The fairy tale "little red cap" is probably the most common little red riding  hood story, of the wolf eating both the grandmother and the girl, who are then both saved by the heroic wood cutter. The Grim brothers were writing in the 19th  century, and the story reflects the values of good moral behaviour, and the male dominated society of the time. The story gives insight into the sinful behaviour of women and the consequences for those actions, this text also illustrates the patriarchal values that were the standard of the time through the introduction of the male hero.

Though our protagonist starts out as a sweet innocent girl the introduction of the red hood illustrates from the beginning that she will stray from the path. In western society red is a colour symbolic of sin, blood, lust, anger and passion and it is through this symbolism that we accept the subtle sexualisation as it develops. This version of the story shows little red as a beautiful, slightly unintelligent, and possibly quite vain, a great deviation from the intelligent, strong willed girl in the original story.  Little red is now seen purely a victim, a place appropriate for a female in the  19th century.

The sexual behaviour of little red riding hood is introduced when she talks about ‘what big’ ears, eyes and teeth the wolf has. The wolf is seen as a seducer, leading well behaved girls to sin and their death. But how is it that red riding hood doesn’t notice the change in her grandmother? It may be interpreted that red riding hood is willing to go to the wolf to be seduced. Being eaten is often a metaphor for sex or seduction, the violence and violation of being consumed by another being both frightens and arouses us; it touches the parts of our minds that have been repressed because it is seen as repulsive and sinful. This sexualisation of a young girl and an ‘evil’ creature together is the antithesis of the morals of the 19th century, and the “death” of little red riding hood is seen as a just punishment for her sins.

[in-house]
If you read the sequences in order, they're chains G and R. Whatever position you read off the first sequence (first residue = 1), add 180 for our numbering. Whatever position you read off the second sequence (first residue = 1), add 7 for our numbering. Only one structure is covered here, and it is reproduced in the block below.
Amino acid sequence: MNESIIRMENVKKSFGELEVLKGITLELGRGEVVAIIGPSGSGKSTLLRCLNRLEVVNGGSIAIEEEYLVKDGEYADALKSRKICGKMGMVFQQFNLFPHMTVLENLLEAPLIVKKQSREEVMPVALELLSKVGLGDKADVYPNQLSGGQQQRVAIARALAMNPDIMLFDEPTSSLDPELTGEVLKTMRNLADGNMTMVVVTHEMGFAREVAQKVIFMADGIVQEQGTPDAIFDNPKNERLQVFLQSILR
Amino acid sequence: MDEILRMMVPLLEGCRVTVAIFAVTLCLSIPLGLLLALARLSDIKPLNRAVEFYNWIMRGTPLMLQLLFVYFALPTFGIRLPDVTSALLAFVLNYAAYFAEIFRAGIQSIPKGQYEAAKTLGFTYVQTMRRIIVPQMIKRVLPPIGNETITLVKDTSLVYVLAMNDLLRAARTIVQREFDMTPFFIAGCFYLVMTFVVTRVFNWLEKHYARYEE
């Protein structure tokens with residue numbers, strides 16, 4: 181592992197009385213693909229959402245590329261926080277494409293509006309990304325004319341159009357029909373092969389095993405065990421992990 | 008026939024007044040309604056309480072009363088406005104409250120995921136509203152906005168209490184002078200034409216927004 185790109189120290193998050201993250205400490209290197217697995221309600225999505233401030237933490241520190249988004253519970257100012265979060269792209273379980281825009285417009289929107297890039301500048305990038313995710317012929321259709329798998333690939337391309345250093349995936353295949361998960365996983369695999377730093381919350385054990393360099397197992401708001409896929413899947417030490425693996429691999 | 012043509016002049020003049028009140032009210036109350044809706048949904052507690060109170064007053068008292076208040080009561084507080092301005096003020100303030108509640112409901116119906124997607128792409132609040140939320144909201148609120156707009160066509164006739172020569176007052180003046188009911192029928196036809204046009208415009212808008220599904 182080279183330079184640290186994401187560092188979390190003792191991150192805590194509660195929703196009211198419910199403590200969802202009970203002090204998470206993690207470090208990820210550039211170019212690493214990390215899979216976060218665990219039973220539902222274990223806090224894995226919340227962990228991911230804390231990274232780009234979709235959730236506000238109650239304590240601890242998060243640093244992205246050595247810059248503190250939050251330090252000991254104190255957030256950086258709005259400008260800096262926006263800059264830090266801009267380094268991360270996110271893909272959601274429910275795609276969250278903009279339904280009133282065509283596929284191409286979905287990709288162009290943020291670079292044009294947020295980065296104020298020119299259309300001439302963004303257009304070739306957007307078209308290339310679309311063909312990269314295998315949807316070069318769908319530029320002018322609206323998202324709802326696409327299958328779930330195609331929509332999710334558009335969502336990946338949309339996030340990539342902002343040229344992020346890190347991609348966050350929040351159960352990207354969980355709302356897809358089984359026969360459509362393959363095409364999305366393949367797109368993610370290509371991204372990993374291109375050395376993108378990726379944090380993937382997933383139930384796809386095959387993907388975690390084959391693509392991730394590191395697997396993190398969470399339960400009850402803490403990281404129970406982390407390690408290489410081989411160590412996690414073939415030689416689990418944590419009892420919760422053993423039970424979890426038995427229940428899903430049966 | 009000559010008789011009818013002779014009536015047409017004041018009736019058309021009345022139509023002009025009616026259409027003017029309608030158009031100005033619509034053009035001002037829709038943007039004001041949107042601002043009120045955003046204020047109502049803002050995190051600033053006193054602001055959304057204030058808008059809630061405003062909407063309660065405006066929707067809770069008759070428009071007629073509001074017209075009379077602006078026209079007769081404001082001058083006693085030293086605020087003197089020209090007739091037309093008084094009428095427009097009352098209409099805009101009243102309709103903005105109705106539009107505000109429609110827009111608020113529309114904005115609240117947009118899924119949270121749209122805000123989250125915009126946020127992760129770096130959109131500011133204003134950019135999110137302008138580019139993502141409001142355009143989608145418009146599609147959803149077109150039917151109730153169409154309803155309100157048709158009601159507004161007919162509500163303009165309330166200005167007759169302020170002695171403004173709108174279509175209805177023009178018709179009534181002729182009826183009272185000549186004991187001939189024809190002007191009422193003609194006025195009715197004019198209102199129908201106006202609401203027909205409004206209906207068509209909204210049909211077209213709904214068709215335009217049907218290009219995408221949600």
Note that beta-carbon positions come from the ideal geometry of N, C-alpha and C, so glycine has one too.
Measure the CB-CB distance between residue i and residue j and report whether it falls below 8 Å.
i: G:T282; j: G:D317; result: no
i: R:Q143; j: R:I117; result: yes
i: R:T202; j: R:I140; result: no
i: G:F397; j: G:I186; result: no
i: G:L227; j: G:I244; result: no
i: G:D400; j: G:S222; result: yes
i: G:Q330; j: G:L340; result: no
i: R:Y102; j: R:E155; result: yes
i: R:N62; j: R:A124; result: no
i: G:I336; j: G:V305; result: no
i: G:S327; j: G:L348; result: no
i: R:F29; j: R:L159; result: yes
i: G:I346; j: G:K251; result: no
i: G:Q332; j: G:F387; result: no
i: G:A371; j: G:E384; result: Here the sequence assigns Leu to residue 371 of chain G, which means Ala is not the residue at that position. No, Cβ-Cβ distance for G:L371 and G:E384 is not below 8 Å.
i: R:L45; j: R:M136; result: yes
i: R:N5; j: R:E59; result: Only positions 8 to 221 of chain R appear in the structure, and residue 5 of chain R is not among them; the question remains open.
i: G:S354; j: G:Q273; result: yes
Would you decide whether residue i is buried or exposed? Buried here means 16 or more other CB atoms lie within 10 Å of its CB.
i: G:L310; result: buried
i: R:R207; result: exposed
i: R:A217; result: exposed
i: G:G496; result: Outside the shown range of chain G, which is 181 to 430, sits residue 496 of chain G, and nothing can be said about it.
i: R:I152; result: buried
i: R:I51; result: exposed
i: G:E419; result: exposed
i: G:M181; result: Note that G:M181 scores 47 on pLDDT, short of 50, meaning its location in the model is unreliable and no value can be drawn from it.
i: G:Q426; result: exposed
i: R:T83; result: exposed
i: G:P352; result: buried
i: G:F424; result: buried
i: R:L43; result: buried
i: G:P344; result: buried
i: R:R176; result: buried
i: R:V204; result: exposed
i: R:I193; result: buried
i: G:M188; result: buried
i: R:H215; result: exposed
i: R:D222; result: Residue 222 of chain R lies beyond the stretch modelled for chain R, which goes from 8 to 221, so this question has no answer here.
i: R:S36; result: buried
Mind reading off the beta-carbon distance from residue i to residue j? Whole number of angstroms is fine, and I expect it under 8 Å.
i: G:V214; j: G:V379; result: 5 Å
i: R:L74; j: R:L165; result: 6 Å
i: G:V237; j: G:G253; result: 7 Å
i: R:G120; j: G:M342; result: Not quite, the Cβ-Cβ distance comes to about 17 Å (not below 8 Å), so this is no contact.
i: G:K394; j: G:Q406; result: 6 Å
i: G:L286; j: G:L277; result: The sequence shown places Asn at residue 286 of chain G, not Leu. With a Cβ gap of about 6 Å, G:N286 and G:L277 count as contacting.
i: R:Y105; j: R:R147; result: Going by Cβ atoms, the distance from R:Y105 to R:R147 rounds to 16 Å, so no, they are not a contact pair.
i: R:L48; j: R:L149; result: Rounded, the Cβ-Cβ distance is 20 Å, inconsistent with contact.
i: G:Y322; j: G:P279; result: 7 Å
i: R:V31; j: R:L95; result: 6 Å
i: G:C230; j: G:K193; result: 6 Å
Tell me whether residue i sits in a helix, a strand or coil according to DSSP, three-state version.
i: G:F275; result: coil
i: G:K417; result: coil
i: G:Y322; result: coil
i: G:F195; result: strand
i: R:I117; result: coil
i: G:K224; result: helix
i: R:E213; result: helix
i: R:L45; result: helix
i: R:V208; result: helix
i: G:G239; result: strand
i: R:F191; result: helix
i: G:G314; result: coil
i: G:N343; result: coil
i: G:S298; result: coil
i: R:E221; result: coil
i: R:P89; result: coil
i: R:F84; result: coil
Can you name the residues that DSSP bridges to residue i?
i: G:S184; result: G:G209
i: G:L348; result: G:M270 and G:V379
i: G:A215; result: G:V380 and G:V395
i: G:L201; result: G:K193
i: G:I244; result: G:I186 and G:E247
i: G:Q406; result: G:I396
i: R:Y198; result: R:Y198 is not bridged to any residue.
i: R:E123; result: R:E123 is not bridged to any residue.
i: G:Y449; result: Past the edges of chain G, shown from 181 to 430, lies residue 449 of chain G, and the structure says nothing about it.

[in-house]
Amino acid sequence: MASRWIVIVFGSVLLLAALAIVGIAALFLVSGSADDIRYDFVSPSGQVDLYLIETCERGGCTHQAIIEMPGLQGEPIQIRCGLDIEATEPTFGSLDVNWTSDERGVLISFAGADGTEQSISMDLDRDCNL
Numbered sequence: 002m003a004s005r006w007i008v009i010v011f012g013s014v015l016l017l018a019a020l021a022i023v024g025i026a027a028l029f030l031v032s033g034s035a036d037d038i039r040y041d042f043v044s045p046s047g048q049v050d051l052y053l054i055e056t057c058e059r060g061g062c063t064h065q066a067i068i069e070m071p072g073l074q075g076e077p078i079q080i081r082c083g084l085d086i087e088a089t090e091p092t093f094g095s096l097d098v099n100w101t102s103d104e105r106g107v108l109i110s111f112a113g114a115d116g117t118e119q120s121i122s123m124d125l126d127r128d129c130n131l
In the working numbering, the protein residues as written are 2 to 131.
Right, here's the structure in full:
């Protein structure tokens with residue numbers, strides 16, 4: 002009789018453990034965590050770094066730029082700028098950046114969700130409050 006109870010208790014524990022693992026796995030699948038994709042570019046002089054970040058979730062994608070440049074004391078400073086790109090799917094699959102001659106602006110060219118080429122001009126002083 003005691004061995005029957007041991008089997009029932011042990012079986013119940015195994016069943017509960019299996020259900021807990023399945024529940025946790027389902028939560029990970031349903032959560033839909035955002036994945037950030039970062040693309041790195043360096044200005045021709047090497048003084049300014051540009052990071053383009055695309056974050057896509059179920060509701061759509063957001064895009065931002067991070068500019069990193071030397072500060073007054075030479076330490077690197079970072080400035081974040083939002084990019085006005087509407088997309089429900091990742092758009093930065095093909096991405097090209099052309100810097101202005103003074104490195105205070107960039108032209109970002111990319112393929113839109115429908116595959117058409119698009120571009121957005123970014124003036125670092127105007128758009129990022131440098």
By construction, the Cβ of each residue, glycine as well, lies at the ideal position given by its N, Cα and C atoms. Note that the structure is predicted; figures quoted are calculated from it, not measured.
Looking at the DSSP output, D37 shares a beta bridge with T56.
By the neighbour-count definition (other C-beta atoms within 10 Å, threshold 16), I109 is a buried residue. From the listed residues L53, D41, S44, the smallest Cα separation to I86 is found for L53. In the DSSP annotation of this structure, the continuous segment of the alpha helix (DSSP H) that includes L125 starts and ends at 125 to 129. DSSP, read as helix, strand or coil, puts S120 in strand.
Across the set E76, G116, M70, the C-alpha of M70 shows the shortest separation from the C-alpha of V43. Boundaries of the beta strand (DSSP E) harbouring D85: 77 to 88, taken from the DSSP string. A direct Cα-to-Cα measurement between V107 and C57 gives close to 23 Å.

The Grim’s brother’s were the first to introduce a male hero to the tale, enforcing the belief that a woman will always be ‘saved’ when she finds a good man. The huntsman may be symbolic for either the father or husband figures in a woman’s life. He is wise and courageous, killing the wolf without harming the women inside it. This shows the power men had in the 19thcentury, women were the virgin/mother figure or they were eaten by the ‘wolves’.The idea of the wolf’s belly being sliced open could also be seen as a symbol for the‘re-birth’ of red riding hood, from a sinner to an innocent. 

The grim’s brothers tale ‘Little red cap’ re-shaped the original grandmothers tale to reflect values and beliefs of the 19thcentury. The values portrayed in the developed version of the story and the meaning the author(s) wish to convey demonstrates that texts are shaped by and for the world, intentionally or otherwise.